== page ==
Once you’ve mastered the first half of this book – no sooner – you can move on to step two in the reading plan and get treated to some good stories.
Latin reading plan, step 2: Fabulae Syrae
Once you’ve mastered the first part of Familia Romana, it is time to start reading Fabulae Syrae.
Fabulae Syrae belongs to the Lingua Latina Per Se Illustrata/Familia Romana series. The book has one of the characters from Familia Romana, a slave called Syra, tell stories from the classical world. Each of the stories Syra tells corresponds to a chapter in the second half of Familia Romana.
For every chapter in Familia Romana, you master from now on, read the corresponding story in Fabulae Syrae. This will help you with your vocabulary and syntax and teach you about myths and stories from the Roman world.
Latin reading plan, step 3: Pugio Bruti
When you’re starting to see the end of Familia Romana or have finished it, it is time to read and listen to something fun: Pugio Bruti – A Crime Story in Easy Latin. (I’m a bit biased here as I co-authored it. :))
Pugio Bruti is not a Latin textbook, but a novella, a crime story, written with a vocabulary of 350 words. The Latin is fairly easy, but respects attested classical usage and will put your skills from studying Familia Romana to the test. The book comes with a full Latin-English vocabulary and there are extra resources, such as a list of idioms, free online.
Read the book and make a note of what you don’t quite understand. Then read it again and again. Just like you did with Familia Romana. If you have the possibility, there is also an online course available with exercises and videos in Latin.
Don’t forget to enjoy yourself! Pugio Bruti is written as a book to be both studied and enjoyed. Remember the latter.
Latin reading plan, step 4: Epitome Historiae Sacrae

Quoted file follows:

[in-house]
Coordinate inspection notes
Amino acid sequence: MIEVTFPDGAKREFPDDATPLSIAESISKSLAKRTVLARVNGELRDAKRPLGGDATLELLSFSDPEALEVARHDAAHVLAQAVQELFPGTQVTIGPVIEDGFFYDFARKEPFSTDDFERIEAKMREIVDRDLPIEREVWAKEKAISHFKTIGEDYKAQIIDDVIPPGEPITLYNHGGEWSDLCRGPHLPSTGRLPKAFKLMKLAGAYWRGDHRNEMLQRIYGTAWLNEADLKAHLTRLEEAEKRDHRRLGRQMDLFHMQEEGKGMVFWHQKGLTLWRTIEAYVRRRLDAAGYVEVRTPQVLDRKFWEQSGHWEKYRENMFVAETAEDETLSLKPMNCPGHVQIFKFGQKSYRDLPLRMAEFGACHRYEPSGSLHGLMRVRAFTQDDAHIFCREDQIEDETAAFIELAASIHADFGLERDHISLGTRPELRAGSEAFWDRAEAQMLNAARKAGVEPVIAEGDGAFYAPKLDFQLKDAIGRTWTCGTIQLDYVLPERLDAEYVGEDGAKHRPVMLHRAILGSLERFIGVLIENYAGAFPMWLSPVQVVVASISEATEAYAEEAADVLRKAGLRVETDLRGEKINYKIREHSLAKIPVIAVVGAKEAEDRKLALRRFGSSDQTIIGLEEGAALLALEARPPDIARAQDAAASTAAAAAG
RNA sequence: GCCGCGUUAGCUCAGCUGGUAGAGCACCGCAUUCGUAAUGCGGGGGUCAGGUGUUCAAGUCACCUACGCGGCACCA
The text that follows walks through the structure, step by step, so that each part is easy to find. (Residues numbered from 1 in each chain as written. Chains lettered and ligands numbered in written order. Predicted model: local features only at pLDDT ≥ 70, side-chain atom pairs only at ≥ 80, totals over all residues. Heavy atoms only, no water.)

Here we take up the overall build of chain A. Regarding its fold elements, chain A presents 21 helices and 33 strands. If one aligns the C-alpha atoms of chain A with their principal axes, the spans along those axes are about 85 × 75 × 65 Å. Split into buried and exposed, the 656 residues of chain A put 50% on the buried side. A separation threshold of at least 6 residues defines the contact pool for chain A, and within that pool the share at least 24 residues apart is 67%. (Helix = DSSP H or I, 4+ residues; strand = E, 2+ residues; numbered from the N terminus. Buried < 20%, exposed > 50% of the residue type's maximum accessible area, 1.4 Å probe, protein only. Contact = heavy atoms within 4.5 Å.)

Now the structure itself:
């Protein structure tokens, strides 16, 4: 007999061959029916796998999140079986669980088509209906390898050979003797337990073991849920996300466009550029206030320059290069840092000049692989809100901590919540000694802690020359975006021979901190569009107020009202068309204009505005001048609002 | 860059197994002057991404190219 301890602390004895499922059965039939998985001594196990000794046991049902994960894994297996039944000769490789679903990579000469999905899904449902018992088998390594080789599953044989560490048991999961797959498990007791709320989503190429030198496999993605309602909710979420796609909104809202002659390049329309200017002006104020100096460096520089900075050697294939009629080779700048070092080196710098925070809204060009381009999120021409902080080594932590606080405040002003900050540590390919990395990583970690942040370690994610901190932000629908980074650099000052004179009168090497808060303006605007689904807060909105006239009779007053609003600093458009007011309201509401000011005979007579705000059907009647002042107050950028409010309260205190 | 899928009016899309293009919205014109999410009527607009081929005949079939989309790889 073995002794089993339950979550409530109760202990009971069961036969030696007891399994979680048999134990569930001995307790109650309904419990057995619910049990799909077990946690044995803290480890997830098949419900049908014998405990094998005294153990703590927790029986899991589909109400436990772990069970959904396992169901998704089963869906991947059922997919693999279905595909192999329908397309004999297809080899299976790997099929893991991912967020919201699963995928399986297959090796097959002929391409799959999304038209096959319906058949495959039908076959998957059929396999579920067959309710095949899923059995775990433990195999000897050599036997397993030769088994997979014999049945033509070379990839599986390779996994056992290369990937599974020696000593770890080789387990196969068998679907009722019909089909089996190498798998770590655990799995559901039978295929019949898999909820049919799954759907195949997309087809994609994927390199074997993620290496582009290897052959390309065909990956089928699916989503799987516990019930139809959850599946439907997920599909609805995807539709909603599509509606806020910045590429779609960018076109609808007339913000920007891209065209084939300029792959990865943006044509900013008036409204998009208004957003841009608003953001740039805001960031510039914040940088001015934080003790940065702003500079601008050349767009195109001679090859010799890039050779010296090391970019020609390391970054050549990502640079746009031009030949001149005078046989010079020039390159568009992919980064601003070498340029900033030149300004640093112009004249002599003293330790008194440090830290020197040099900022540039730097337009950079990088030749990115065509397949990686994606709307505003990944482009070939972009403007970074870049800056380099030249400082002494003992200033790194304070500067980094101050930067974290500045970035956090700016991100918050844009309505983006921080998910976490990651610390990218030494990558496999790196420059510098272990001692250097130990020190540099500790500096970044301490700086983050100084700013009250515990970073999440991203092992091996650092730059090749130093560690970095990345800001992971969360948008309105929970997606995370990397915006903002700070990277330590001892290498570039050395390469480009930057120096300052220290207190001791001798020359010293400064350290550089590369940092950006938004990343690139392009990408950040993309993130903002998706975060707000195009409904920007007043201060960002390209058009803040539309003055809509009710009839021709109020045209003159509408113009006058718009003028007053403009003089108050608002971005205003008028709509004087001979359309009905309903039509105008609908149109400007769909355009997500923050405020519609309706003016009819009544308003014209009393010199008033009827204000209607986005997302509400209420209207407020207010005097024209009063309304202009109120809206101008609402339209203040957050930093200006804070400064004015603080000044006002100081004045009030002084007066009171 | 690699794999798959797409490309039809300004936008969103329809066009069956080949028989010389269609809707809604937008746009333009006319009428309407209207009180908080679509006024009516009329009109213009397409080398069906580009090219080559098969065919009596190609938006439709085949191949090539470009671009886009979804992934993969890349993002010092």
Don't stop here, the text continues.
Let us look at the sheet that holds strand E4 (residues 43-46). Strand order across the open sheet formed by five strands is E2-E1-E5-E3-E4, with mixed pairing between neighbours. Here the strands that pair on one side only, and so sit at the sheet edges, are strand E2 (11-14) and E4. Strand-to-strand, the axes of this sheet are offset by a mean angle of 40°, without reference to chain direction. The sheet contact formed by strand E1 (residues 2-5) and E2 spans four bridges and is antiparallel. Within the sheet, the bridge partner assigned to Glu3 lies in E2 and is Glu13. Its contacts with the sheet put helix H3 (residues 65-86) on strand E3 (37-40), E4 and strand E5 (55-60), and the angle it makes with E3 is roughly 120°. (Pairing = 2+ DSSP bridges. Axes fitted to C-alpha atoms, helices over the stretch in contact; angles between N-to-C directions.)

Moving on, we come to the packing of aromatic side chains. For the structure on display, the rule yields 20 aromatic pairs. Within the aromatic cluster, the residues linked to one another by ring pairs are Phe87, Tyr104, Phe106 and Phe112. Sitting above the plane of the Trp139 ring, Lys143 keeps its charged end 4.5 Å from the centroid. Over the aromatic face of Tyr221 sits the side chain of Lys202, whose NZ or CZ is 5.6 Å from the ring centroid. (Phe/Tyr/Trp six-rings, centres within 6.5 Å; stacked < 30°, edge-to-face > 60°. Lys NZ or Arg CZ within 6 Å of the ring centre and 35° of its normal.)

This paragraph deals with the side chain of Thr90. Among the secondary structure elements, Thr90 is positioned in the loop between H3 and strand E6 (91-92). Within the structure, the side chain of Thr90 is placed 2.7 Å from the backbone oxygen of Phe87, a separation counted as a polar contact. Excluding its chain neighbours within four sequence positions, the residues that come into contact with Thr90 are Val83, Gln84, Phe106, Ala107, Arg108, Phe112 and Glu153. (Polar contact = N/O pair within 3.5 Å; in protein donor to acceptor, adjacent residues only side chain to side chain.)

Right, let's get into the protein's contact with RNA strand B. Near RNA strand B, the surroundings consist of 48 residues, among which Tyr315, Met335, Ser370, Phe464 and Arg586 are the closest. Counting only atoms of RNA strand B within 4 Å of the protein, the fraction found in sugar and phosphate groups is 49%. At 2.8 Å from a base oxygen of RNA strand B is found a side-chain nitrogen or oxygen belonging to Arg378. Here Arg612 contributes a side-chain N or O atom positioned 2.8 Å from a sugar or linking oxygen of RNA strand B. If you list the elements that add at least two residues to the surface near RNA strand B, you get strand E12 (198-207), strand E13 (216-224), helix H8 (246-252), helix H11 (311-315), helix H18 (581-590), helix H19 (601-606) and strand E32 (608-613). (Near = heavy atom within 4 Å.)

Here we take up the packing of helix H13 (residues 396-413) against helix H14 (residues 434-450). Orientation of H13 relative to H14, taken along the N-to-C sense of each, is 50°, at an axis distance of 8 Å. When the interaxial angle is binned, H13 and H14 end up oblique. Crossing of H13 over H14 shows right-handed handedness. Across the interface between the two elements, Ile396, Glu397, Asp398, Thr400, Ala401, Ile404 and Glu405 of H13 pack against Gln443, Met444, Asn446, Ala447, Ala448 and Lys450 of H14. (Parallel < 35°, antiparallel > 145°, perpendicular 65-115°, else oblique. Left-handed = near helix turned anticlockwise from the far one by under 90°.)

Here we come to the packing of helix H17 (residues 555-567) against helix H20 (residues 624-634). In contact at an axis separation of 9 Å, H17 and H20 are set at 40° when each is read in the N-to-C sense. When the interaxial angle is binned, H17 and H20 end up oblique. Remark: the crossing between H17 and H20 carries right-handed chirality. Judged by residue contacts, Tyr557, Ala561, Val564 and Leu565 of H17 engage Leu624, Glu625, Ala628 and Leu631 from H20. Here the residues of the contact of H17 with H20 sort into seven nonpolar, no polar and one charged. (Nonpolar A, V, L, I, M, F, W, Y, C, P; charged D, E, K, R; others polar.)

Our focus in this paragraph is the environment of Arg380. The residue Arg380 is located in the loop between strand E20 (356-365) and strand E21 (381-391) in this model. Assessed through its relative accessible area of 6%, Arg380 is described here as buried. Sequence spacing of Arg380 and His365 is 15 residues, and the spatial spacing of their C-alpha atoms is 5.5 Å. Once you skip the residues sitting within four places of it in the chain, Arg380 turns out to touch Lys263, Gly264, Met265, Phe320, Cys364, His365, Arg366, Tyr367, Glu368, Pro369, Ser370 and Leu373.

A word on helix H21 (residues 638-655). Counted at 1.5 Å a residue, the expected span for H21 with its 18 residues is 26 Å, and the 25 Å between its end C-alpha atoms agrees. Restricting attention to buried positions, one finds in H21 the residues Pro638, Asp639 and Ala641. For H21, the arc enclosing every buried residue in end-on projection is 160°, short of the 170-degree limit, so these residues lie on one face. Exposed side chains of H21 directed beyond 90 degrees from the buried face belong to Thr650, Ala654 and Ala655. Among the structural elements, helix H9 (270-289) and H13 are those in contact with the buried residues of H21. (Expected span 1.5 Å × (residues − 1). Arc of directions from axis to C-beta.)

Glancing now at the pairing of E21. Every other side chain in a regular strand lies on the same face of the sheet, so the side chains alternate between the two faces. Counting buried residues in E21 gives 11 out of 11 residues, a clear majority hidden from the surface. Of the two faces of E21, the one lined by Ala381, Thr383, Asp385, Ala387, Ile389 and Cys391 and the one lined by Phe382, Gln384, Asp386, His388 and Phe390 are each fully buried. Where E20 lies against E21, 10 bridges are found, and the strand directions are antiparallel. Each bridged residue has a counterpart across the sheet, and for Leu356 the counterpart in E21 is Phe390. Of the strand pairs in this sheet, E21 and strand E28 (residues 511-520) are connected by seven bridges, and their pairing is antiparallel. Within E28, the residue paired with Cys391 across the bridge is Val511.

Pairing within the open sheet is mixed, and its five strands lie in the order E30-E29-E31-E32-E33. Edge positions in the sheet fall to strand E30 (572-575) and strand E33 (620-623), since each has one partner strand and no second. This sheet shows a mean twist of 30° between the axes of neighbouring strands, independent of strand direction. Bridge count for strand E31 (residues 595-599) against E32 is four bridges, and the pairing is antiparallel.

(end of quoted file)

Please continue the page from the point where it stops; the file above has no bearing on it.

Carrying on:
Step four in my reading plan is turning your attention to the book called Epitome Historiae Sacrae: Brevi Christi Vitae Narratione Addita by Charles Lhomond and Roberto Carfagni.
Epitome Historiae Sacrae is a 17th-century Latin reader with stories from the Bible. It has a rather large vocabulary, but it won’t feel as large as it actually is due to the familiarity of the stories.
Read the book, study it and master it.
Latin reading plan, step 5: Assimil
When you begin with this reading plan’s step 5, you’ve been treated to some good stories for a few steps. It is now time to return to a textbook. This time, Assimil Le Latin sans peine or Assimil Il Latino senza sforzo.
Assimil is a beginner textbook, just like Familia Romana, meaning you will start from the beginning again. However, Assimil is constructed in a very different way than Familia Romana and uses 101 dialogues in Latin to teach you the language.
To get the most out of Assimil, you need to listen to the recordings available of the all the dialogues over and over again to start to develop an intuitive understanding of Latin.
Assimil will help you discover gaps in your knowledge of Latin so far and help you discover many fun passages from Latin literature as many of the dialogues are taken from Latin literature (while other dialogues are just conversations in everyday situations).